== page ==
In this video series will follow the Salesforce pillar of equal education. My goal in this series is really simple. It’s to make sure that everyone in the Salesforce ecosystem is equally educated in the art of possible with Salesforce data off-platform. 

And today, we’re going to talk about the differences between Salesforce Data Cloud and a self-hosted backup. My intentions are not to make this controversial; my intentions are not to say anything other than the Salesforce Data Cloud is a fantastic product. But it does have limitations. And it is primarily best suited with low-end use cases. 

So, difference number one, and this is something we talk about all the time, which I believe to be the biggest advantage of a self-hosted backup are security and control – everything around GRC governance risk and compliance. If you put your data into Salesforce Data Cloud, you are still under the handcuffs of the security posture of the platform and who the platform is integrating with. With a self-hosted backup, there are no handcuffs; the security posture is regulated by the your internal controls of your security team. 

So, I believe security and controls are the number one consideration when looking at data cloud versus self-hosted. 

Number two is integration functionality. Data Cloud integrates with a number of third-party providers, but the integrations are standard. And if you’re an enterprise environment, and you have a highly customizable integration path or integration workflows, your data model is large and complex, getting the data out of platform, self-hosted, presumably in a VPC behind your firewall, allows you with much greater flexibility for integrations of data. So, number two is integration flexibility. 

And number three, which I believe to be the second biggest consideration next to GRC is storage costs. We’ve talked about this before. Salesforce storage costs are predictable, the level is set, but what’s not predictable is when you have to level up in storage. And in the Data Cloud Platform, when all data is integrated into the platform, there’s this thing that causes data bloat, the bigger data gets, the faster you have to level up and storage.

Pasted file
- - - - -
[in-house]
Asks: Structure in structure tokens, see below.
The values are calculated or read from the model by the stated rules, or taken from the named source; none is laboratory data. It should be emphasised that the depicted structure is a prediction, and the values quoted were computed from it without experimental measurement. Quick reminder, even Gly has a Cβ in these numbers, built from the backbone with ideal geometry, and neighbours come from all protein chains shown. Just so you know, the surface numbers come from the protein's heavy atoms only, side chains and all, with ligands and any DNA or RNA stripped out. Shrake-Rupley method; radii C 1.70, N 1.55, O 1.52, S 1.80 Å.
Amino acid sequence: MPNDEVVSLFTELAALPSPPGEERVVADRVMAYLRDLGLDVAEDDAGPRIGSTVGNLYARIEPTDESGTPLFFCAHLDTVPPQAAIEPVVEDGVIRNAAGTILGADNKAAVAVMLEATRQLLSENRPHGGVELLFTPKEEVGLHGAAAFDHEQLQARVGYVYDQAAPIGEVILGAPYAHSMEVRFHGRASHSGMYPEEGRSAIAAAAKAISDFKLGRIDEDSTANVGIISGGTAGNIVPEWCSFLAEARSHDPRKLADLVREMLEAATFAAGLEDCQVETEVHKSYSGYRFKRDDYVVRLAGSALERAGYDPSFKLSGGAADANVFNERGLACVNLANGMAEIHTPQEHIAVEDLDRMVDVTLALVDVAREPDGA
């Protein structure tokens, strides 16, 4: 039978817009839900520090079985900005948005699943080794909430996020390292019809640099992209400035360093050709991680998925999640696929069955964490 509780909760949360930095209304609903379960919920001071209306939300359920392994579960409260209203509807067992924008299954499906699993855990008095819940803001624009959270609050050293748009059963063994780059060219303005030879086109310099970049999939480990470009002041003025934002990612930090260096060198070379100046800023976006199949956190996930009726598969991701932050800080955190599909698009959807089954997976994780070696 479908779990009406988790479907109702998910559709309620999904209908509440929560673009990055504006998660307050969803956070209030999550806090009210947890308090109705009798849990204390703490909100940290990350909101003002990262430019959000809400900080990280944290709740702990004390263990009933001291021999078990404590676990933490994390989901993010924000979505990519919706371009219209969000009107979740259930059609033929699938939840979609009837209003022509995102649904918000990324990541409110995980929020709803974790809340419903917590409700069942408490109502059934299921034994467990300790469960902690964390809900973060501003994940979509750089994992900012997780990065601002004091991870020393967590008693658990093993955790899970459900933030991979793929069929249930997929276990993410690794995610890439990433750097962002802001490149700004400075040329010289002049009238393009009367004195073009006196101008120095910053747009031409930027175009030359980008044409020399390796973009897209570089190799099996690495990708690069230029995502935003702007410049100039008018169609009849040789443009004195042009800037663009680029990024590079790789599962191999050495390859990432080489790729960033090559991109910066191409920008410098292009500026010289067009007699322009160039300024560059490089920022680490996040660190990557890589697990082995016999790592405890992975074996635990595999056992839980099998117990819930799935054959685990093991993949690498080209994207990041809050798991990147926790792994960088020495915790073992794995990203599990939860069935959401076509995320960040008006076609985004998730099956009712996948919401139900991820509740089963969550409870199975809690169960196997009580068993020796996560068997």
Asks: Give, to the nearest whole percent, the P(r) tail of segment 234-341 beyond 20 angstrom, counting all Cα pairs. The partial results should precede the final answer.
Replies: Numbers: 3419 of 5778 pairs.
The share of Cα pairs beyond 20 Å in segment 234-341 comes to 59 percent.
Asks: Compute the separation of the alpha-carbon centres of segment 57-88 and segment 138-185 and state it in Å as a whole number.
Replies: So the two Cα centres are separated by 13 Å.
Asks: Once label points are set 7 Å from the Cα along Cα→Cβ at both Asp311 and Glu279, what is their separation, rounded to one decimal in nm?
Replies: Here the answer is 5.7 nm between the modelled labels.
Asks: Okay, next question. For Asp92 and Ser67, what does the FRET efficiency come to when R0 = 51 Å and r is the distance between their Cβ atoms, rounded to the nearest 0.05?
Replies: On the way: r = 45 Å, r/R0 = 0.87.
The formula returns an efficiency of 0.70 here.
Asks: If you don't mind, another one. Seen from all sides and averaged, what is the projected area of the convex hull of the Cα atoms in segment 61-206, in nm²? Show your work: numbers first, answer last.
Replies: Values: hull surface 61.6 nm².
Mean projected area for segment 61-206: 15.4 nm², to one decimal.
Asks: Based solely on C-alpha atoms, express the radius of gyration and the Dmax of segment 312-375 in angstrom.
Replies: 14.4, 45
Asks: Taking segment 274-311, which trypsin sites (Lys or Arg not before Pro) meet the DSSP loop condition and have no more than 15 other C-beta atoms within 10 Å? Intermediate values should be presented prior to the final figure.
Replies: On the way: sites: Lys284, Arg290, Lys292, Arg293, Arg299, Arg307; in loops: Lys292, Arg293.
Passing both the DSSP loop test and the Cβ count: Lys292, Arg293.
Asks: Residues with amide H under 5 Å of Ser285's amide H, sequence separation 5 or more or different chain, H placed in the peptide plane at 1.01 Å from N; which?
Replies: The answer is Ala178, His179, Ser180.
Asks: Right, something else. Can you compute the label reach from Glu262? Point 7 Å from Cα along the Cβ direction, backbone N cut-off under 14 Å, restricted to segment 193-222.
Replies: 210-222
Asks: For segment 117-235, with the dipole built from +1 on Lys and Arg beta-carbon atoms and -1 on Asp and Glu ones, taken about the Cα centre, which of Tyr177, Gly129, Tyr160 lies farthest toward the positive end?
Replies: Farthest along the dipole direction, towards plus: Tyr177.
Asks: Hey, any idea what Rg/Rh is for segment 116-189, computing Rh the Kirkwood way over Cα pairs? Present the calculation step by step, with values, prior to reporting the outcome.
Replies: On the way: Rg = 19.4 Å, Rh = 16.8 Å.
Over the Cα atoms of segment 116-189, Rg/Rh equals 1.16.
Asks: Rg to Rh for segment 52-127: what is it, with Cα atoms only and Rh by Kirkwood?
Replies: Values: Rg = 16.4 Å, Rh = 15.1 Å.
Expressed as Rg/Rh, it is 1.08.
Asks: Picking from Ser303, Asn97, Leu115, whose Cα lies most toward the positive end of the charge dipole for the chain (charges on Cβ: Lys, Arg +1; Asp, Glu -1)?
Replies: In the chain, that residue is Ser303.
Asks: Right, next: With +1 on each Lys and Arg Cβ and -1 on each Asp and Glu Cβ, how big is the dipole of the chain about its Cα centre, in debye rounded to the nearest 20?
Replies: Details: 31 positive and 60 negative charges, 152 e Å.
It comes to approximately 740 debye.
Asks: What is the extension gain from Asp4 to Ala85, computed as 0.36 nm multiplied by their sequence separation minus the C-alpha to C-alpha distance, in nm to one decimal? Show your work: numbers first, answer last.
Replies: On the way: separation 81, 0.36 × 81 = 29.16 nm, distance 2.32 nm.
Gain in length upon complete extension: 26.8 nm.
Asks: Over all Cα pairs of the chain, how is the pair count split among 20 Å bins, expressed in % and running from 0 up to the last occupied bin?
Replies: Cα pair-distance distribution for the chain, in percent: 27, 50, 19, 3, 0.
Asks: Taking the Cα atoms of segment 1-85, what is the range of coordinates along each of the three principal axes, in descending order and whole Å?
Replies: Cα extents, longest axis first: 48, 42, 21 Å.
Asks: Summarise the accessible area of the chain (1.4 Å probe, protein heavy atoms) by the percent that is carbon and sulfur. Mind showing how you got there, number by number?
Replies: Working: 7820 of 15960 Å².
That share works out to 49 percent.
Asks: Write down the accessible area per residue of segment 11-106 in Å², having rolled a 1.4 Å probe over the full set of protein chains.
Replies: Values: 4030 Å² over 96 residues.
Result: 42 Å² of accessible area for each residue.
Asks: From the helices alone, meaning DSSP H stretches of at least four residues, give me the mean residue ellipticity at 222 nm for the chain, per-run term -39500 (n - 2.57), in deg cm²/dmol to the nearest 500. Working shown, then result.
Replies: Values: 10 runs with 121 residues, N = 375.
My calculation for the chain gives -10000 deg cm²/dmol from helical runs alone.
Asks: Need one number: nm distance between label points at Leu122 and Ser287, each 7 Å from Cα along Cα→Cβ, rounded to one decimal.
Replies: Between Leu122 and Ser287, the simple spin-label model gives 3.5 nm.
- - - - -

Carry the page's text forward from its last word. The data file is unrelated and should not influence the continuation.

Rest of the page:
With a self-hosted, off-platform backup, you control the storage costs. So whether you’re replicating that to a low-end storage, spinning disk in your environment, whether you’re moving it to a bucket in S3 or AWS or a lower-in-cost provider like Glacier on AWS, you control the storage cost of your backup. 

So, number one GRC data controls and security. Number two, the flexibility for integrations. And number three, the ability to eliminate data bloat and control your storage costs. 

Again, my name is Ted Pappas. I’m the CEO of CapStorm. Thank you for watching Radical Transparency. Please come back here next Thursday for the next episode of Radical Transparency. And thank you very much.

Ted Pappas

Ted Pappas

About CapStorm

CapStorm is the most technologically advanced Salesforce data management platform on the market. Billions of records per day flow through CapStorm software, and our solutions are used in every industry from credit cards, telecom providers, insurance agencies, global banks and energy providers.